Even before you tackle digitization, cut the needless complexity caused by redundant products and services. Customers rarely miss those that are eliminated, because their functions are usually available in the remaining set of offerings. Then you’ll spend far less on digitization and still be able to satisfy your customers’ needs.

 

3. Improve staff productivity.

Closely examine the teams and departments in your business to make sure they’re working as efficiently as possible. Simplify organizational design if you can. You may be able to consolidate or centralize some roles or restructure departments to be more effective.

And don’t overlook the obvious. Examine ways you can benefit from established performance management techniques, such as clearly defined expectations, improved motivation and rewards systems, and better training and supervision. Bonuses or similar incentives given for team or individual excellence can be particularly effective.

Flexible work options can also boost productivity and cut operating costs. For example, allowing employees to work from home at least parttime cuts company costs dramatically. Based on conservative assumptions, Global Workplace Analytics estimates a typical U.S. employer can save an average of $11,000 per half-time telecommuter per year. Not only that, but employees who work from home are often more productive. Recent studies show productivity improves 13-47% when employees work remotely.

The pandemic has proven that working from home can be a welcome option for both employers and employees, even for community banks. Steven Klein, president and CEO of $5 billion-asset Northfield Bank in Woodbridge, N.J., expects to make working from home a permanent part of his business model, with fifty percent of employees working remotely at any one time, even after the pandemic is over.

 

4. Reconfigure your workplace.

It's no secret that brick-and-mortar branches are expensive and that the COVID-19 pandemic accelerated an existing trend of financial institutions closing branches. However, the extent of those closings may be surprising. As of December 2, 2021, the industry has closed more than 2,700 branches, “surpassing the record number of net financial institution closures in 2020, and industry experts do not expect banks to slow down anytime soon.”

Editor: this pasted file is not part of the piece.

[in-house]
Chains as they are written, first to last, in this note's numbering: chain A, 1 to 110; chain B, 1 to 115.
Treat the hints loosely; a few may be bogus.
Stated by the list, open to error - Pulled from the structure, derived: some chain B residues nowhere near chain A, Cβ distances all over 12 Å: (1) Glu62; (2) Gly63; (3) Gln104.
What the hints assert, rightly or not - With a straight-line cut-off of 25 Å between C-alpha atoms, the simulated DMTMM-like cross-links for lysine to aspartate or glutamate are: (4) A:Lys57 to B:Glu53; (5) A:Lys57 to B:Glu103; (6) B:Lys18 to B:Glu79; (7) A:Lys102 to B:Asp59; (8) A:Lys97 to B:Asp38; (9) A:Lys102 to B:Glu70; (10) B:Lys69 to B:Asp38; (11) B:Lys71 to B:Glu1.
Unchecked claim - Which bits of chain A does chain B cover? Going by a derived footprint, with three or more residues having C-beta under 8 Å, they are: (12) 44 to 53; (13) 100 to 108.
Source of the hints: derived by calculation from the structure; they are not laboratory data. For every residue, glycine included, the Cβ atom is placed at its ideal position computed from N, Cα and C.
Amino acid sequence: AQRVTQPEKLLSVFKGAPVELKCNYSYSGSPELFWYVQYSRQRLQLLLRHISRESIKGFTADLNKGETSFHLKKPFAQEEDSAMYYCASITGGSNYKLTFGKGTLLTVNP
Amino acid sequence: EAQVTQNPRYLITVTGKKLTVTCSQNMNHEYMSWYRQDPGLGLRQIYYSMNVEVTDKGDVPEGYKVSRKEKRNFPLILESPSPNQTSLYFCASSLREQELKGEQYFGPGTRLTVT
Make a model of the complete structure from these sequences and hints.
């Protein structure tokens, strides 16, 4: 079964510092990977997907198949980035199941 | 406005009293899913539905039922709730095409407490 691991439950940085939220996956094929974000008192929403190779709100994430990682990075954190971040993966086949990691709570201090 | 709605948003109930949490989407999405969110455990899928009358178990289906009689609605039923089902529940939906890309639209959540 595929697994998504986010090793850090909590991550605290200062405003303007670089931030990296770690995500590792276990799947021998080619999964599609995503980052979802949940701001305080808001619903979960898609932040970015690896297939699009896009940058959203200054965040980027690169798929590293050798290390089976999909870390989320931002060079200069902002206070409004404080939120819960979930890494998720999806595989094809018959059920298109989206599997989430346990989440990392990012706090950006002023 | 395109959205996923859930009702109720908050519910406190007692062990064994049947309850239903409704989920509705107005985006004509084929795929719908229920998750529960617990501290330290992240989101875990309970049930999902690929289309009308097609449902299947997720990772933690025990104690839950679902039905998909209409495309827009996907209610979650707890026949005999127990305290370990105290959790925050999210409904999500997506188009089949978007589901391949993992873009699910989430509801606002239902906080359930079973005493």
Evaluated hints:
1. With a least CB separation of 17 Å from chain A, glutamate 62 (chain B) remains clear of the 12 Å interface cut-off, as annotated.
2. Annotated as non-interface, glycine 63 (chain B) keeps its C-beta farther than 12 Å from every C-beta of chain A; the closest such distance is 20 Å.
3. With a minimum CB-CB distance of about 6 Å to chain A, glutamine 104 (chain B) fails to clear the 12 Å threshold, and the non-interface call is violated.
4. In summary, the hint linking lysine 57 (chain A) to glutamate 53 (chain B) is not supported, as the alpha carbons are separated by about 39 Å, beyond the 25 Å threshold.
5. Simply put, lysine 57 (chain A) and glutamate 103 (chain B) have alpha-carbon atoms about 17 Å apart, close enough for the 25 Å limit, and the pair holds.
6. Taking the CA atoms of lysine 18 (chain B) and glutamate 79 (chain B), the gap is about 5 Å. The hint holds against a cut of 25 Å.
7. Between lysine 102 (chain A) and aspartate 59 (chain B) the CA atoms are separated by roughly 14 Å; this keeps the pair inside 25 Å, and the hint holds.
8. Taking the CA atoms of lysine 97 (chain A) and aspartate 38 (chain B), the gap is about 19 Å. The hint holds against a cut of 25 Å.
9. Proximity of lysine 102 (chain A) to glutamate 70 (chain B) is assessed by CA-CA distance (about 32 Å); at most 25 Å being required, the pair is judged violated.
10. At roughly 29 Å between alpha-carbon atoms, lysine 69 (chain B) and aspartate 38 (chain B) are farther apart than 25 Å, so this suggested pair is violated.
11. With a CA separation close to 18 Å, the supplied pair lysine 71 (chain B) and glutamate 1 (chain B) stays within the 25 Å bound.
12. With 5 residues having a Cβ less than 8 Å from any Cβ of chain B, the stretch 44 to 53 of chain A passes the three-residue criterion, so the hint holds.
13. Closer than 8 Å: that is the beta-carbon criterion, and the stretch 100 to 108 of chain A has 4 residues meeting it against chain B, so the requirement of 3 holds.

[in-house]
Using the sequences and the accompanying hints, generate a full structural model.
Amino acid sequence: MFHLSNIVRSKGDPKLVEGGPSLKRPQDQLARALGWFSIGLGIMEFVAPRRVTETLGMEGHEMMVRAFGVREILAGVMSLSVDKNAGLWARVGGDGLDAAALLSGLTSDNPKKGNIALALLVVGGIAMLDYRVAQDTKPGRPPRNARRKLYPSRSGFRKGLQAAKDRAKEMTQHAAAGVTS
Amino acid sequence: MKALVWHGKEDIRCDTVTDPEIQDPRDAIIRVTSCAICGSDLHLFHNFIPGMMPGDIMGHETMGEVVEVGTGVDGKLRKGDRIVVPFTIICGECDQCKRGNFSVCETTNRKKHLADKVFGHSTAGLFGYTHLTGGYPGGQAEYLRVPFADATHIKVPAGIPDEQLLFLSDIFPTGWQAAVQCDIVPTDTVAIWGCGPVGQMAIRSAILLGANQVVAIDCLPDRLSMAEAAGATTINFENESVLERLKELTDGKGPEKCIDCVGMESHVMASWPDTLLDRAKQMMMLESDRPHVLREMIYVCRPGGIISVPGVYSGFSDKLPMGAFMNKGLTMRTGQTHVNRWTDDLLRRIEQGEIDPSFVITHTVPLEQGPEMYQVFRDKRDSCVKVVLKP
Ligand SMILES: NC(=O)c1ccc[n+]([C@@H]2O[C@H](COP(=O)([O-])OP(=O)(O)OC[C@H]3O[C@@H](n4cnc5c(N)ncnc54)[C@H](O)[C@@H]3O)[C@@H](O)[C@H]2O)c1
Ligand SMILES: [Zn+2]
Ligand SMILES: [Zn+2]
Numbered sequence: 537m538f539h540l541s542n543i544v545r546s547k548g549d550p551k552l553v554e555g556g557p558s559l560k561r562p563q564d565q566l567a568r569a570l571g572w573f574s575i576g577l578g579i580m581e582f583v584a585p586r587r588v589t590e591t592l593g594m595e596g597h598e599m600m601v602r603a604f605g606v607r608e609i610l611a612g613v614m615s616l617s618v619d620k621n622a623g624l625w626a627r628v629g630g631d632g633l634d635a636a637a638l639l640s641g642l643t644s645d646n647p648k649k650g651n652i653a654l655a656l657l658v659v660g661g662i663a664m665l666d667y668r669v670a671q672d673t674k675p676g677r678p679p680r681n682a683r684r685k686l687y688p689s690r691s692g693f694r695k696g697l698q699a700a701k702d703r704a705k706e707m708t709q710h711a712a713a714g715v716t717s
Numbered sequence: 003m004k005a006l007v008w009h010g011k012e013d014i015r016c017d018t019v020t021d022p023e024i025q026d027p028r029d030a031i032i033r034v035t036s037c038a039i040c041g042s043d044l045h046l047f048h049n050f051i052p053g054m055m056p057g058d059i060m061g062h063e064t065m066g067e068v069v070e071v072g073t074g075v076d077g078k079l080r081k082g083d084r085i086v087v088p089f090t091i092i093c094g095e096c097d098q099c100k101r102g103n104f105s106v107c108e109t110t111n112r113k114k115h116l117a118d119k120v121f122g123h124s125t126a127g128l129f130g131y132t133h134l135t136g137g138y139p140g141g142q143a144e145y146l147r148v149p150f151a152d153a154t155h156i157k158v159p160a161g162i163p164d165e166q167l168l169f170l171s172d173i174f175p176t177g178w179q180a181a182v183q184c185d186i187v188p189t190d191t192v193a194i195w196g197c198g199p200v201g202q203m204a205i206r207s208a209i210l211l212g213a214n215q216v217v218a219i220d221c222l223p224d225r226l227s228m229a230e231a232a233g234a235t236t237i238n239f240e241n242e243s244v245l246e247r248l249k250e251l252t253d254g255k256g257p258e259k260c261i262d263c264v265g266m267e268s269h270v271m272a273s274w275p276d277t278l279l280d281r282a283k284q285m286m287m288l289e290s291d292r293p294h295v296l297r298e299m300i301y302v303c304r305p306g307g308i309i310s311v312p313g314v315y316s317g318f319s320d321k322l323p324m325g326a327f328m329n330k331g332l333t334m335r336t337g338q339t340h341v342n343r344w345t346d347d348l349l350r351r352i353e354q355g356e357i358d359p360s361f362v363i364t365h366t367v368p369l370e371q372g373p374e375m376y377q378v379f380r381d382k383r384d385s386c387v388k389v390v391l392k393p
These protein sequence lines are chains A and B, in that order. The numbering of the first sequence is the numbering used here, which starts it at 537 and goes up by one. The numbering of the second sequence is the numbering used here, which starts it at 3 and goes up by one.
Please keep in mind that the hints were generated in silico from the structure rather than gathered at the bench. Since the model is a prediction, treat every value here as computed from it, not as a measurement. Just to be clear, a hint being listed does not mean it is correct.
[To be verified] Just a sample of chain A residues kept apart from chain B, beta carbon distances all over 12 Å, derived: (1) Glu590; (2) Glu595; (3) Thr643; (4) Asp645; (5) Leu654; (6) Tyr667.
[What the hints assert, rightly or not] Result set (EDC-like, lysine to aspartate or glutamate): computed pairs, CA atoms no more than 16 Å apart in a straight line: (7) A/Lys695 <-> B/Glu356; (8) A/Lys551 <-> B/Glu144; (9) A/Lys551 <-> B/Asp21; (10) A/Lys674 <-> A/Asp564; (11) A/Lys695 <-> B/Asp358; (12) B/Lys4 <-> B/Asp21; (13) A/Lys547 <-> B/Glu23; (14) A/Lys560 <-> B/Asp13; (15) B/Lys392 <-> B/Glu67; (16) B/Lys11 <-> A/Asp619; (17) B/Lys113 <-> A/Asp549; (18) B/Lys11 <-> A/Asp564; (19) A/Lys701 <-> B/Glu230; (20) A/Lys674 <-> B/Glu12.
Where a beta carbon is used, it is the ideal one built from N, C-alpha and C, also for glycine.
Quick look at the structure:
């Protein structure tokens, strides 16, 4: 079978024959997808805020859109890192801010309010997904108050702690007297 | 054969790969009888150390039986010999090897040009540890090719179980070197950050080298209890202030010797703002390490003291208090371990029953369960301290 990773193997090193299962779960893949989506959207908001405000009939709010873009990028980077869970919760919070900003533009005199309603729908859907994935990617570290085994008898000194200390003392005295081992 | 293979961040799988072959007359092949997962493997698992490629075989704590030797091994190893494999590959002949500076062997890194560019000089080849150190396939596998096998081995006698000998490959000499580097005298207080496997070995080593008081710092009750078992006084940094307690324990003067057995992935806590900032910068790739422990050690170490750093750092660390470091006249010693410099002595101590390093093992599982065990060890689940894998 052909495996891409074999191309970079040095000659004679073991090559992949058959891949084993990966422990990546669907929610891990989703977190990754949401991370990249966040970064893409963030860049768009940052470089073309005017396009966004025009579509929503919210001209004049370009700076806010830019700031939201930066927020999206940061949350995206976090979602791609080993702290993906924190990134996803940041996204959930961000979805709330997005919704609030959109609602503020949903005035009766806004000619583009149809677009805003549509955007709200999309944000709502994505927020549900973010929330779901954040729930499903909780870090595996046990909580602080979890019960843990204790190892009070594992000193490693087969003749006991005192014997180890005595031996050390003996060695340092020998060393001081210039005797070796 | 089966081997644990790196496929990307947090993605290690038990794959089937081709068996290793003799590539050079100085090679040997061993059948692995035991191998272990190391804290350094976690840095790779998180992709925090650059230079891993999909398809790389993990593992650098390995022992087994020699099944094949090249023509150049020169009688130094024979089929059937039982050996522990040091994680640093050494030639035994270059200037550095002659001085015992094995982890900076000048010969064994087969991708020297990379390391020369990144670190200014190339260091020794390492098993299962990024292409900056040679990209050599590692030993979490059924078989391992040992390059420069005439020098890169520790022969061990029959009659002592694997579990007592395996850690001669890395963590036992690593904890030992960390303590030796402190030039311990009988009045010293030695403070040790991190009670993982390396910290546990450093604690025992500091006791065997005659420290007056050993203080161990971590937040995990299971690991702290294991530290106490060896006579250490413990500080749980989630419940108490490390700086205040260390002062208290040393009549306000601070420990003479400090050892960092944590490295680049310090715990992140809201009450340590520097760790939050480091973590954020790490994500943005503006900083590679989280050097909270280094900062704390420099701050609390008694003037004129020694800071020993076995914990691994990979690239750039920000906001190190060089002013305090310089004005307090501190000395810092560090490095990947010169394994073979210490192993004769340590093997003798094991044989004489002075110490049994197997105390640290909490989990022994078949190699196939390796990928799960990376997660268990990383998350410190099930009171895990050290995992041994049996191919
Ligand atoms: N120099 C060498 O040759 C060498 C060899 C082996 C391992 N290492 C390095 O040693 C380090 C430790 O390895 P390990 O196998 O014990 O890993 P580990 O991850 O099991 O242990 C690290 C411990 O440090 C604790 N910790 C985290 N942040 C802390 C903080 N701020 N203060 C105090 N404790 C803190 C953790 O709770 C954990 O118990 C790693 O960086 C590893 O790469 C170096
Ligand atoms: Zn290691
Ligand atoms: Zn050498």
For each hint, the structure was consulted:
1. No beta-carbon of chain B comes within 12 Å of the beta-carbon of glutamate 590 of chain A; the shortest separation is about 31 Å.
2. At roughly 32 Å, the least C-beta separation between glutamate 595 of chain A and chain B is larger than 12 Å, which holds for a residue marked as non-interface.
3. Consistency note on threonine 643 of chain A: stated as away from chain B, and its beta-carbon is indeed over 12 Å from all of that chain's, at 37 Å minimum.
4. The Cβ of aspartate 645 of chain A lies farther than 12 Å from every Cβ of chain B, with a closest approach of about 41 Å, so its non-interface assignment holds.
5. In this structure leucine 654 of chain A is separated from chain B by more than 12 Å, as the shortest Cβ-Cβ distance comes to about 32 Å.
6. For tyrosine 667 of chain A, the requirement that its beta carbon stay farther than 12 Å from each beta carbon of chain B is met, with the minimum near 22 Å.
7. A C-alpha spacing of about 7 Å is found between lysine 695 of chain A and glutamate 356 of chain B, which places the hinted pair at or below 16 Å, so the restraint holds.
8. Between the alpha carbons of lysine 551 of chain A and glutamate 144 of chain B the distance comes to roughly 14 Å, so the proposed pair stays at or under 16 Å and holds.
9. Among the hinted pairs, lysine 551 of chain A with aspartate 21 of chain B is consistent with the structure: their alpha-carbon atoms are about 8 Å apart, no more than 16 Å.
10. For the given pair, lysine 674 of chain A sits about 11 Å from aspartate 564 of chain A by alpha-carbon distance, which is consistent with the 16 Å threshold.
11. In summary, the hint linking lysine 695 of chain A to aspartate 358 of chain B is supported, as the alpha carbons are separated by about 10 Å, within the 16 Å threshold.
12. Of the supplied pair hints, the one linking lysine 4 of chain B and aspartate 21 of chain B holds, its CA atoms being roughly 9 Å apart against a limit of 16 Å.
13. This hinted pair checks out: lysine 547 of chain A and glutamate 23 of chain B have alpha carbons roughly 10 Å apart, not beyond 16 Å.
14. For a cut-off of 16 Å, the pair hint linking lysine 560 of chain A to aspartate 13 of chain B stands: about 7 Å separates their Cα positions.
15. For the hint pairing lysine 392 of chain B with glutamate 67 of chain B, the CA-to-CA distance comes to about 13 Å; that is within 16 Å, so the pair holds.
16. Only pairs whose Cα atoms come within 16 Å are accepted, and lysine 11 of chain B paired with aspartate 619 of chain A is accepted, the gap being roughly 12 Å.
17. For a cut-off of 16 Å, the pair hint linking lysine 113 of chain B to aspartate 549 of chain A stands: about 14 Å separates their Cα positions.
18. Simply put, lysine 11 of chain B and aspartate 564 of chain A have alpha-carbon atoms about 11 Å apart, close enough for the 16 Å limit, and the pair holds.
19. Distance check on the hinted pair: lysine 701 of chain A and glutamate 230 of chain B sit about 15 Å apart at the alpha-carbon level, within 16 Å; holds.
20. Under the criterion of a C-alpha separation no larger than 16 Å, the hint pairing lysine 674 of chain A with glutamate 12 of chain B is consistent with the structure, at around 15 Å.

This high closure rate is driven partly by consumers doing more digital banking and partly by employees’ need to work from home. And many employees want to continue working from home permanently. One study this past May shows that 61% of office workers would like to remain remote after the pandemic. Given the other benefits of digitization and working from home mentioned above, it makes good financial sense to consider how much real estate your business actually needs.

 

5. Use less-expensive marketing methods.

If your financial institution is still using traditional marketing media such as printed brochures, investigate lower-cost, electronic channels such as online, email, and SMS (texting). Internet channels such as banner ads and micro-sites within other popular sites are not only less expensive and reach a wider audience; they also allow you to track marketing returns more accurately.

The ABA points out these financial advantages of digital marketing:

  • You have more control over what you spend in digital marketing.
  • It’s less expensive than traditional campaigns. For example, you could spend $250 for a highly targeted LinkedIn campaign versus $50,000 for a broad-based TV campaign.
  • It can help you reach more of the right people at the right time, increasing your campaign’s ROI.

 

Conclusion 

While the last two years have put unprecedent pressures on many businesses, including financial institutions, they have also opened up new possibilities by forcing us to adapt quickly. Using strategic cost-cutting methods like those outlined above can help your institution not only survive but thrive in the years to come.